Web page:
IR: What has the response been to the ‘Hub of the East’ store that opened in February?
YY: With Tampines being the area where we opened our first store 12 years ago, now more than ever, we feel like we’re very much a part of the local community, providing LifeWear designed to make the lives of its residents better.
We upgraded and expanded our store at Tampines Mall, to offer a wider range of LifeWear and provide a better shopping experience. The expanded LifeWear product line-up also allows Tampines residents to enjoy collections that used to be exclusively available in the city stores, such as collaborations with JW Anderson and Marimekko, in their local store.
This expansion strategy has definitely paid off for us, with suburban malls continuing to fuel the growth of our retail network.
IR: How is Uniqlo connecting its online and offline retail experiences?
YY: At Uniqlo, our priority has always been our customers with a focus on their shopping experience in both our physical and e-commerce stores, where they can expect excellent service and seamless transition from one to the other.
We have just launched a same-day click-and-collect service for our Uniqlo Town stores – consisting of Uniqlo Orchard Central Flagship, ION Orchard and Plaza Singapura stores – on our website and app. Customers can now easily secure their desired stock at the physical store ahead of time via our online store.
We also offer Pay in Store, which enables shoppers to pay at a preferred Uniqlo Singapore store within two hours for their online purchases. This service provides an additional convenience to customers when they are unable to find their sizes or desired product in store. They can then simply scan the item barcode in-store and make an immediate purchase online. Pay in Store also provides accessibility, especially for customers who enjoy online shopping but might not have an online payment option, while allowing them to still enjoy online exclusive sizes (XS-3XL) and novelty items.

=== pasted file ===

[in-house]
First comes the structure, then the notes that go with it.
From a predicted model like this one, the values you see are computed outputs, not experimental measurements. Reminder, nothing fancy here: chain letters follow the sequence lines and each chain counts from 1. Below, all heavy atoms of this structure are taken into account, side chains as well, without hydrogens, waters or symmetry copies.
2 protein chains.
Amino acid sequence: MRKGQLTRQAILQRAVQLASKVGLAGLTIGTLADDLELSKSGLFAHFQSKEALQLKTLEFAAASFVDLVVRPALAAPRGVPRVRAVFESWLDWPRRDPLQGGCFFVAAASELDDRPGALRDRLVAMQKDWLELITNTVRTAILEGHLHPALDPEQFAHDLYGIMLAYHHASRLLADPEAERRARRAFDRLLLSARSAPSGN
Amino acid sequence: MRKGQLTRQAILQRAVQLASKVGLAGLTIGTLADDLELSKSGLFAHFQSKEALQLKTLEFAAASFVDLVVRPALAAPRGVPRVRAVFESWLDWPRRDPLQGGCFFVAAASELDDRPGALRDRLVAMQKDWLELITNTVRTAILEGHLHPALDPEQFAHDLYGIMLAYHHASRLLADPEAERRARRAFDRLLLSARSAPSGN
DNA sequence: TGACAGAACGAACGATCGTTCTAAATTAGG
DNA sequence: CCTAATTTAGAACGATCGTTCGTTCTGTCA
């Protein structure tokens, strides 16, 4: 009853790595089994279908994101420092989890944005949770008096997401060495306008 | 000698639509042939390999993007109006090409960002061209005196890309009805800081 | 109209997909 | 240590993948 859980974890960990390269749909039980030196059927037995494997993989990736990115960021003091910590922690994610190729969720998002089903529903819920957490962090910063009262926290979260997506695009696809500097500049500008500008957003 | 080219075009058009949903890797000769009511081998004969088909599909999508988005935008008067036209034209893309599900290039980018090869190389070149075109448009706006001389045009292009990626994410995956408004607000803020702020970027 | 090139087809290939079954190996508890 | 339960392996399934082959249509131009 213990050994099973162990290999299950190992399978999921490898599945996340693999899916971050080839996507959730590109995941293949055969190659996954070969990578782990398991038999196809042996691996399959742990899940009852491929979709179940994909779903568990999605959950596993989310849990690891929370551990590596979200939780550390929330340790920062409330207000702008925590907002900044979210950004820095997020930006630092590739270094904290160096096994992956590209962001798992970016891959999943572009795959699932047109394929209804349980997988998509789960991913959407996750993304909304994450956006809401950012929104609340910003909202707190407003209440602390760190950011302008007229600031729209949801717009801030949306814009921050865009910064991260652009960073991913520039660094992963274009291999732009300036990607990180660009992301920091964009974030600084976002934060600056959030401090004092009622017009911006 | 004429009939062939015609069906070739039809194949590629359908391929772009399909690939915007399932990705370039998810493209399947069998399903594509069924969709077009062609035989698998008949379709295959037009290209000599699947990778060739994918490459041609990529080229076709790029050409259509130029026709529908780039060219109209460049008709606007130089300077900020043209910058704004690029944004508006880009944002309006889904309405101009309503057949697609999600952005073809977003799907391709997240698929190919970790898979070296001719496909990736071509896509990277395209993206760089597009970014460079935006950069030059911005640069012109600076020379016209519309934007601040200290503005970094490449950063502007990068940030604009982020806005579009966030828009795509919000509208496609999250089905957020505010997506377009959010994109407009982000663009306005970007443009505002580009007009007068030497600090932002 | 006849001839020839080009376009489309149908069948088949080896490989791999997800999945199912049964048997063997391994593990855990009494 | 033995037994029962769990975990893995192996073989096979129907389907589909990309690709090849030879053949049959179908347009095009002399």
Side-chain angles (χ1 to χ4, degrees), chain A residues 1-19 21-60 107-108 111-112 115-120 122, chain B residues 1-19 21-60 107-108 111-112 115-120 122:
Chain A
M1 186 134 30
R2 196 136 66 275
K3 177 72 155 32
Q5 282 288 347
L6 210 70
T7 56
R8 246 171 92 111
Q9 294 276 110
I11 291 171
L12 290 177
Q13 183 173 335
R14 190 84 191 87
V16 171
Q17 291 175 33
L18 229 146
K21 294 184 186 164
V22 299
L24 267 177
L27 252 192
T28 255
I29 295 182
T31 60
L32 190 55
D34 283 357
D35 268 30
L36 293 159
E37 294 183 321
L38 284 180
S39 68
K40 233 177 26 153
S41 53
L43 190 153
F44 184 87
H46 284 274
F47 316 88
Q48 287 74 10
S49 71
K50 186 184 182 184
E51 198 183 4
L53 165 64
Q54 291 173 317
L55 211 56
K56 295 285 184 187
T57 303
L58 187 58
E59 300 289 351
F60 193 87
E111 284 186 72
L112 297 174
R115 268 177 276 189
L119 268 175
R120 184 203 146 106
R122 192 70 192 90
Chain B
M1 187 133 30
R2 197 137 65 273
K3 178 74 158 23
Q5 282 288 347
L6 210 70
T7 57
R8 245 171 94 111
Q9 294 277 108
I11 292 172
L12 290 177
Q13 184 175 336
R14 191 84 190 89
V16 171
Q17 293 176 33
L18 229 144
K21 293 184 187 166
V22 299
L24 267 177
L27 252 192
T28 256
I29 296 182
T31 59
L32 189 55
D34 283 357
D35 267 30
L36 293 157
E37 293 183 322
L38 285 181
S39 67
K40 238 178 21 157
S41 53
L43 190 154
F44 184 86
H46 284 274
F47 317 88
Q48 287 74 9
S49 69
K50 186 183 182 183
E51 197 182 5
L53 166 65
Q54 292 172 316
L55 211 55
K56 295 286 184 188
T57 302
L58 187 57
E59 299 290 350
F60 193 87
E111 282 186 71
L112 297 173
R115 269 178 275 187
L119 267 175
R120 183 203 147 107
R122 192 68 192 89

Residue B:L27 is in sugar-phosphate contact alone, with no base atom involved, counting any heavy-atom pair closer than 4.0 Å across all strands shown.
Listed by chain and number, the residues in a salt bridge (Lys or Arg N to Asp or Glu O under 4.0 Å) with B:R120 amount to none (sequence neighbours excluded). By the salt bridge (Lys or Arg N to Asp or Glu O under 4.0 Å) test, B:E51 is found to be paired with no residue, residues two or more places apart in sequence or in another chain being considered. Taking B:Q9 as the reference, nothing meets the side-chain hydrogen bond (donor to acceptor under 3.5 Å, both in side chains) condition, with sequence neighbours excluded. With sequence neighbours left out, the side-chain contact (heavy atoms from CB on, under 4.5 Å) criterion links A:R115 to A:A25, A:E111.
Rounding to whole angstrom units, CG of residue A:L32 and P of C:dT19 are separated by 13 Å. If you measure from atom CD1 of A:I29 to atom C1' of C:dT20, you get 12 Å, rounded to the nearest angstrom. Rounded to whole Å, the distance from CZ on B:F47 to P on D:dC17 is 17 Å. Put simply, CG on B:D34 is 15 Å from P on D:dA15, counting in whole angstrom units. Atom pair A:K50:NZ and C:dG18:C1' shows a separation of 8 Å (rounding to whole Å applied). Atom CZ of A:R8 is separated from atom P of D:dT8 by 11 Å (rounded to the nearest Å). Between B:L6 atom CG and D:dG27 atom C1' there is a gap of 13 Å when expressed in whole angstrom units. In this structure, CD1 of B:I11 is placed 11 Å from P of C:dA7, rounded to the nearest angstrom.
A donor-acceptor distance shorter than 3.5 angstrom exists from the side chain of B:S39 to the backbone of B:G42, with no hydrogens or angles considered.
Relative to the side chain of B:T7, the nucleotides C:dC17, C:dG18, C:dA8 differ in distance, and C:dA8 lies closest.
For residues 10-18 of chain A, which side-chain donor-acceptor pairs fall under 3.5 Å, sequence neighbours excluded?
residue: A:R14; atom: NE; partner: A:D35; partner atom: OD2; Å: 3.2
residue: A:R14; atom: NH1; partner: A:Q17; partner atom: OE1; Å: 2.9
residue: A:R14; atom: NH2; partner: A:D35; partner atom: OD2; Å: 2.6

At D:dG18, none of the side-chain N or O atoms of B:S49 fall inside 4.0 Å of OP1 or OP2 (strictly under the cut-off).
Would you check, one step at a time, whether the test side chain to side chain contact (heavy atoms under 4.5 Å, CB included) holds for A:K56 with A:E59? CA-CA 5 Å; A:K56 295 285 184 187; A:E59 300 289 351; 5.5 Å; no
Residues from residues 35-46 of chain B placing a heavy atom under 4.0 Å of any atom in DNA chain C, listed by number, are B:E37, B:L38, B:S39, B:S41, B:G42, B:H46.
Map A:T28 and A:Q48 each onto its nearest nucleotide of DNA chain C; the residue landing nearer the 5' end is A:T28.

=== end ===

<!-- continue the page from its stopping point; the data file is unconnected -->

IR: How has the Uniqlo Town concept evolved in the last 12 months?
YY: The concept of a distinct retail personality in each of the three stores at our Uniqlo Town stores – Orchard Central, ION Orchard and Plaza Singapura – to offer shoppers varied experiences has not changed.
We looked closely at the main demographics of each store, to determine the type of unique experiences we could curate.
Plaza Singapura serves a strong family customer base, so we developed a sustainability education corner near the kids’ shopping area, so parents can take the opportunity to educate their children about the importance of sustainable living.
ION Orchard draws a predominantly young adult crowd, so we wanted to create a space that could engage a highly tech-savvy target audience, whilst at the same time, support the local artist community. So, we developed a wall mural that could come to life through augmented reality, in collaboration with MeshMinds and 8EyedSpud.
Our Orchard Central Global Flagship store serves as a space for us to engage people – not just our customers, but the local neighbourhood as well. On Level 3, we dedicated a space to highlight key tenants in the vicinity as part of The Orchard Community/Neighbourhood Guide, in a bid to help profile fellow retailers that have all been impacted by the pandemic. Our Orchard Central Global Flagship store also continues to be a space where we hold events to create meaningful interactions with our customers. In celebration of the store’s fifth anniversary this October, we will be giving away free coffee and potted plants, and holding workshops (embroidery, denim upcycling, furoshiki and scent making) for our customers.